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Biomaterials. 2010 Jul;31(20):5345-54. doi: 10.1016/j.biomaterials.2010.03.052. Epub 2010 Apr 15.

Characterization of the complete fiber network topology of planar fibrous tissues and scaffolds.

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Department of Bioengineering, University of Pittsburgh, Pittsburgh, PA 15219, United States.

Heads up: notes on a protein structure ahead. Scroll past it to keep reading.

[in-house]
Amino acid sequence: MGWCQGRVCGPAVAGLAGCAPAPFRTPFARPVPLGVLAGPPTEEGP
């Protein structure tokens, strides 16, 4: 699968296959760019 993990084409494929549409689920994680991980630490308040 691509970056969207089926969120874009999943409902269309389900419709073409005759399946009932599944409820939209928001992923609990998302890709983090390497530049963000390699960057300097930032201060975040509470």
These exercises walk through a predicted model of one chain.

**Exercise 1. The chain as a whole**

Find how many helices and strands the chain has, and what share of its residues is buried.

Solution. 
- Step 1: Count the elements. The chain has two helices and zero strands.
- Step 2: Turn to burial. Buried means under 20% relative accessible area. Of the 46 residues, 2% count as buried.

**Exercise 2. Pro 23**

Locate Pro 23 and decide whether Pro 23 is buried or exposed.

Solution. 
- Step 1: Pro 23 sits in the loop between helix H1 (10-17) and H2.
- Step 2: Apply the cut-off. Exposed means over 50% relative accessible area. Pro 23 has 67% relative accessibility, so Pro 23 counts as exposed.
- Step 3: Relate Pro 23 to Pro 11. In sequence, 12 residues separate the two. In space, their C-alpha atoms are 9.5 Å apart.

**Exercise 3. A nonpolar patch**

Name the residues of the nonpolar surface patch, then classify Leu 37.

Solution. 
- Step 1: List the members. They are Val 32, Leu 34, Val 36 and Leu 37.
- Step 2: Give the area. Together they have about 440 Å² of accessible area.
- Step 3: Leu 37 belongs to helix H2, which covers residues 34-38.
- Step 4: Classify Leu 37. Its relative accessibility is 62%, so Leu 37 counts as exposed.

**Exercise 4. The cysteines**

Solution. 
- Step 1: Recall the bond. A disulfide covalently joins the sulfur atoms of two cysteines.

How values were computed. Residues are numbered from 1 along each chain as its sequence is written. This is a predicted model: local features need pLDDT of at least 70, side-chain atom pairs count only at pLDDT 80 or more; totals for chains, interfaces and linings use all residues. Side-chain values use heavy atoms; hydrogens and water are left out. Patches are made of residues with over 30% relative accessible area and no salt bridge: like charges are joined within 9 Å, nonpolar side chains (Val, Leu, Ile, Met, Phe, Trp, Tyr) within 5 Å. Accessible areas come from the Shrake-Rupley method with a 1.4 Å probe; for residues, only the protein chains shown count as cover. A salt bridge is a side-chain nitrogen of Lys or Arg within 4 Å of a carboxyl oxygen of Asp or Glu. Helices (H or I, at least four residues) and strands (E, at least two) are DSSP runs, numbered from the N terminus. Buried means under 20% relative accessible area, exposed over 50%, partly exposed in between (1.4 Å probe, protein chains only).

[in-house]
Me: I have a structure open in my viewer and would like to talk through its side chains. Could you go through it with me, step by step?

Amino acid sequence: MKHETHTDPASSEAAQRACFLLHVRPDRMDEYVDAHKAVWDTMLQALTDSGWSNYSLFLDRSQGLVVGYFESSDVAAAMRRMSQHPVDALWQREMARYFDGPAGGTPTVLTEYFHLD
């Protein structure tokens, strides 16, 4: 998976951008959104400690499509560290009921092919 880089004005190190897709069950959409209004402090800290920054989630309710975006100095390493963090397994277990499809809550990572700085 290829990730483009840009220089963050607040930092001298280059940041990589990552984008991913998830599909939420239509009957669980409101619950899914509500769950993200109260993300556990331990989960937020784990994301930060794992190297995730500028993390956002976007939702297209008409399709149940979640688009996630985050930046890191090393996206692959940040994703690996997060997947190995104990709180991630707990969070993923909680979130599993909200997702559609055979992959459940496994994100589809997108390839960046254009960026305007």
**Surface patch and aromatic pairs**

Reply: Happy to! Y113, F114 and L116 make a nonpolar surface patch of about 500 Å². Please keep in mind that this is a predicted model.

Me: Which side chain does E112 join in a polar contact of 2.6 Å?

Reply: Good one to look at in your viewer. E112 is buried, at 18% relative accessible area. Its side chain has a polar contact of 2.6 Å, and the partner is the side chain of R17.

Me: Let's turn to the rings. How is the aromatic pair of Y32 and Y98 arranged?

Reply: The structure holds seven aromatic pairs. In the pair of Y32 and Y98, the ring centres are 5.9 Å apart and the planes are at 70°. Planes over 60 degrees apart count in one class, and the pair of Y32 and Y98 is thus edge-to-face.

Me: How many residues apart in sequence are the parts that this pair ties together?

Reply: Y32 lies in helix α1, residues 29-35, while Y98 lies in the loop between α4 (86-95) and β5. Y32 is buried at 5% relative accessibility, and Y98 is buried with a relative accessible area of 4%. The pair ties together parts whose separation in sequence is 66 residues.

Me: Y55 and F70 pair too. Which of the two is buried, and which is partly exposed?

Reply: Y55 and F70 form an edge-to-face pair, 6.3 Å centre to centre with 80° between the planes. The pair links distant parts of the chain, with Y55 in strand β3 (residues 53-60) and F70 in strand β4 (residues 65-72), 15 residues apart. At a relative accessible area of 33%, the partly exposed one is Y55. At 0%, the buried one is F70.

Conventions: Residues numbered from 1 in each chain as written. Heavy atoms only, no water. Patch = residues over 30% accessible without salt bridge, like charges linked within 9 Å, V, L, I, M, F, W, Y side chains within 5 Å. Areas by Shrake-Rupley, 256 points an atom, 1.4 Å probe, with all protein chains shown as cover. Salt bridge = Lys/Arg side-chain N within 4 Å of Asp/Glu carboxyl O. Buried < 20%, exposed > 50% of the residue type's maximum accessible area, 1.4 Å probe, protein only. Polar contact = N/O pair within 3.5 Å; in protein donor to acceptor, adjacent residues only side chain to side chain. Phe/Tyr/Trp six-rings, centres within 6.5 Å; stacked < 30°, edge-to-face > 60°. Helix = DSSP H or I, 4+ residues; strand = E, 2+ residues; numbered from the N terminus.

Understanding how engineered tissue scaffold architecture affects cell morphology, metabolism, phenotypic expression, as well as predicting material mechanical behavior has recently received increased attention. In the present study, an image-based analysis approach that provides an automated tool to characterize engineered tissue fiber network topology is presented. Micro-architectural features that fully defined fiber network topology were detected and quantified, which include fiber orientation, connectivity, intersection spatial density, and diameter. Algorithm performance was tested using scanning electron microscopy (SEM) images of electrospun poly(ester urethane)urea (ES-PEUU) scaffolds. SEM images of rabbit mesenchymal stem cell (MSC) seeded collagen gel scaffolds and decellularized rat carotid arteries were also analyzed to further evaluate the ability of the algorithm to capture fiber network morphology regardless of scaffold type and the evaluated size scale. The image analysis procedure was validated qualitatively and quantitatively, comparing fiber network topology manually detected by human operators (n = 5) with that automatically detected by the algorithm. Correlation values between manual detected and algorithm detected results for the fiber angle distribution and for the fiber connectivity distribution were 0.86 and 0.93 respectively. Algorithm detected fiber intersections and fiber diameter values were comparable (within the mean +/- standard deviation) with those detected by human operators. This automated approach identifies and quantifies fiber network morphology as demonstrated for three relevant scaffold types and provides a means to: (1) guarantee objectivity, (2) significantly reduce analysis time, and (3) potentiate broader analysis of scaffold architecture effects on cell behavior and tissue development both in vitro and in vivo.

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